This is sure to last all of about 1 day, but welcome to my attempt to write a little bit more frequently. There’s a cliché out there that says that writing is like a muscle, the more you exercise it the easier it is to do. I’m not entirely sure that this is necessarily true, but if I’m successful in writing a little bit more frequently over the next while perhaps I’ll have some sort of insight on this statement’s ‘truth’. I’m not promising any sort of brilliant writing over the next little while because I am locked in a great struggle with the monster best known as MPA. It’s big and scary, and to make matters worse, it’s purple–it’s Western’s Masters in Public Administration. That means that my mental capacity is being greatly occupied by all things local government, so again, I say, don’t expect anything above a MVP (minimum viable product) for a little while.
Really, all I wanted to say today was that I think people are interesting. For some reason I was in a particularly contemplative mood today so I was tuned into the different ways that people move through their day-to-day lives. I watched sad, intense and complex things like the varying online reactions to the attacks in Paris and Yemen, but I also watched people do simple things like teach classes, walk across the street, or shovel snow. I wondered what each of those people was thinking about. I watched people so wrapped up in their own thoughts and their own personal missions that they didn’t seem like they noticed anyone else. I wondered what they were thinking about. I watched people be absolutely sure of their own opinion and others be absolutely unsure about their ability to make sense of anything. I wondered what they were thinking about. I watched people question the mainstream, join the mainstream, try to figure out where the mainstream was, and just generally seem confused. I wondered what they were thinking about.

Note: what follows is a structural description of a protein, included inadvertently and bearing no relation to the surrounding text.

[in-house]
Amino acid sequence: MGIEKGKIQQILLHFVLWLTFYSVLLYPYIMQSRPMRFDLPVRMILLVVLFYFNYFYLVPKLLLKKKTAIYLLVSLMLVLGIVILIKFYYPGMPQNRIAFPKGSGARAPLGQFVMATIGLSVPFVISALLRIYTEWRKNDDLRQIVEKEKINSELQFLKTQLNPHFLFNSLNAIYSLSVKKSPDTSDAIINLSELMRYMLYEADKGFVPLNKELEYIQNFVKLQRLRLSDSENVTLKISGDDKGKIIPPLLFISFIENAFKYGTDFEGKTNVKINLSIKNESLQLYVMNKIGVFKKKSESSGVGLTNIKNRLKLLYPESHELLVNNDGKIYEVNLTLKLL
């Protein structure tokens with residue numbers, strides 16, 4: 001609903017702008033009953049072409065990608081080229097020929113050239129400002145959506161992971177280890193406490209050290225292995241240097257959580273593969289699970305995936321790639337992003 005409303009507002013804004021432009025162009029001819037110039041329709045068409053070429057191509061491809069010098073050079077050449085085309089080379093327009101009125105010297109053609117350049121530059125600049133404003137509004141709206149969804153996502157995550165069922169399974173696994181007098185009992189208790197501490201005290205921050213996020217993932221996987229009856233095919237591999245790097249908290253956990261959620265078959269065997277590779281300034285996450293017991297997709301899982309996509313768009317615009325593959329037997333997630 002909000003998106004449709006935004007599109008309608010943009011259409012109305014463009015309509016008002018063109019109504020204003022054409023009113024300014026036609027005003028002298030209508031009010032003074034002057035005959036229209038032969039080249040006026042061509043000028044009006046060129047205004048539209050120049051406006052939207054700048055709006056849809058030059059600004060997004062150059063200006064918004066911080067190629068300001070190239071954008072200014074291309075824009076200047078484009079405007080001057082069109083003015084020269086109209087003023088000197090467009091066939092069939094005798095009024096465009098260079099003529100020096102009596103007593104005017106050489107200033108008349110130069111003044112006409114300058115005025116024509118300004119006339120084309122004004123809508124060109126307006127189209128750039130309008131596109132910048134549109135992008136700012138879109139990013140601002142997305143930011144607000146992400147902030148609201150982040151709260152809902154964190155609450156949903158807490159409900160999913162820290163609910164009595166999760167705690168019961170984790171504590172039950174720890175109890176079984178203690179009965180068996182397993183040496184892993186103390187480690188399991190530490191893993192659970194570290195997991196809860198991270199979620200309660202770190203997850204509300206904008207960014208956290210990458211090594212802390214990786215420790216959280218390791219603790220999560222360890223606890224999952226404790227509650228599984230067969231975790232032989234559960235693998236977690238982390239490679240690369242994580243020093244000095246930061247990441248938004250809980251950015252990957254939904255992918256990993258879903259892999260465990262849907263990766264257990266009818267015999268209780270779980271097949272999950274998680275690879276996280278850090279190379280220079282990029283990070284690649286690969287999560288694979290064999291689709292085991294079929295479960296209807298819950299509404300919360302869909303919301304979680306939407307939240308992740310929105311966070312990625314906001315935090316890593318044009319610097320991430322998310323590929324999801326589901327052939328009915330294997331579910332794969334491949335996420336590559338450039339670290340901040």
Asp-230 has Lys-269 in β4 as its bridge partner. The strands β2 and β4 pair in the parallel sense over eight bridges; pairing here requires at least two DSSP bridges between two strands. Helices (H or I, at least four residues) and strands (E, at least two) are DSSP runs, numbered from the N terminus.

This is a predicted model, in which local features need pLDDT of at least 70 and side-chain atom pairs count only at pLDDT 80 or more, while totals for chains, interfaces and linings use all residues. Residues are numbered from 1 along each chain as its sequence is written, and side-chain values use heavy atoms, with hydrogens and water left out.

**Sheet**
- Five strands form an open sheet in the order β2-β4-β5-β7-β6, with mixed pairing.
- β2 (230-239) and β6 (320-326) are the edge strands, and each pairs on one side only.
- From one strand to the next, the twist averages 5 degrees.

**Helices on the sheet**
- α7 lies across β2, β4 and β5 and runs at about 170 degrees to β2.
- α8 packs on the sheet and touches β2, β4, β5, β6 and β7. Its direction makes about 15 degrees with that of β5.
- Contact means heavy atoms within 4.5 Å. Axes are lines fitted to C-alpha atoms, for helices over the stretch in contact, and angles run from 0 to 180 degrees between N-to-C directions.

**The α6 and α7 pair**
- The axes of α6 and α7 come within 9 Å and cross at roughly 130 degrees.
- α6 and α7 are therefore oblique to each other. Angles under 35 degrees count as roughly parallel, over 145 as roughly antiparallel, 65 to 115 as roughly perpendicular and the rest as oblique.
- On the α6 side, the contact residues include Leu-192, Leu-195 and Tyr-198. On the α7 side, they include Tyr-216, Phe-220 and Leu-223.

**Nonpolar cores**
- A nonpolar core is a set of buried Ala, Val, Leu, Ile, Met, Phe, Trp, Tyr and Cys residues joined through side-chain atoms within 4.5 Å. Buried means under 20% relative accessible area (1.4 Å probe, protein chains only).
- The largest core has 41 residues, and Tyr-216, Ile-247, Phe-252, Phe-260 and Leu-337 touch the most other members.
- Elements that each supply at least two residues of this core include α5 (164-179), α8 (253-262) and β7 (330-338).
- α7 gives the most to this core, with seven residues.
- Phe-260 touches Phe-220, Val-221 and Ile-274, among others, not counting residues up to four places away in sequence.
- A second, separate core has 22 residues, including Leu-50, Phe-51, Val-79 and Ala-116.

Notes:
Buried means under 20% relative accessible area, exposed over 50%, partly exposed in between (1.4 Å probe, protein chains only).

Most of all I thought about how little I knew about what each person was thinking and how my perception of what they were thinking was informed by the tiny sliver of their thoughts that I could see with my eyes. I realized that whatever I was looking at was something that I was thinking rather than something that they were thinking and that their motivations for displaying the words or actions that I saw could be completely different than what I perceived them to be. The moral of the story, if there is one, is that I realized how much of my own reality was constructed by my own perception of what I thought others were doing or trying to do. At the moment, I’m thinking consciously about taking the time to recognize my own inescapable role in how I see what others do, say and display. I am reminded that I admire people who take the time to avoid making claims on big ‘T’ truths, respect those who question their perceptions of the world around them, value people who try their best to understand before reacting, and truly appreciate those who challenge existing narratives in the most difficult of times.
One final thing, at the end of each of these posts (who knows how long this will last) I’m going to put down the name of someone that caught my attention during the day. You might disagree with them completely, I might disagree with them completely, but they’ll be saying something unique, and with intentions that appear to be good. Check them out, see what you think, and try to understand why they’re saying what they say.
So, today, check out Bilal Ahmed. We went to school together at Oakridge High School in a time that seems like eons ago. Bilal is a writer for Souciant Magazine and is never afraid to challenge existing narratives about, well, just about anything. Bilal is an incredible writer who you are unlikely to always agree with, but who will always force you to think. Check out Bilal’s blog, follow at @, and/or read Souciant articles.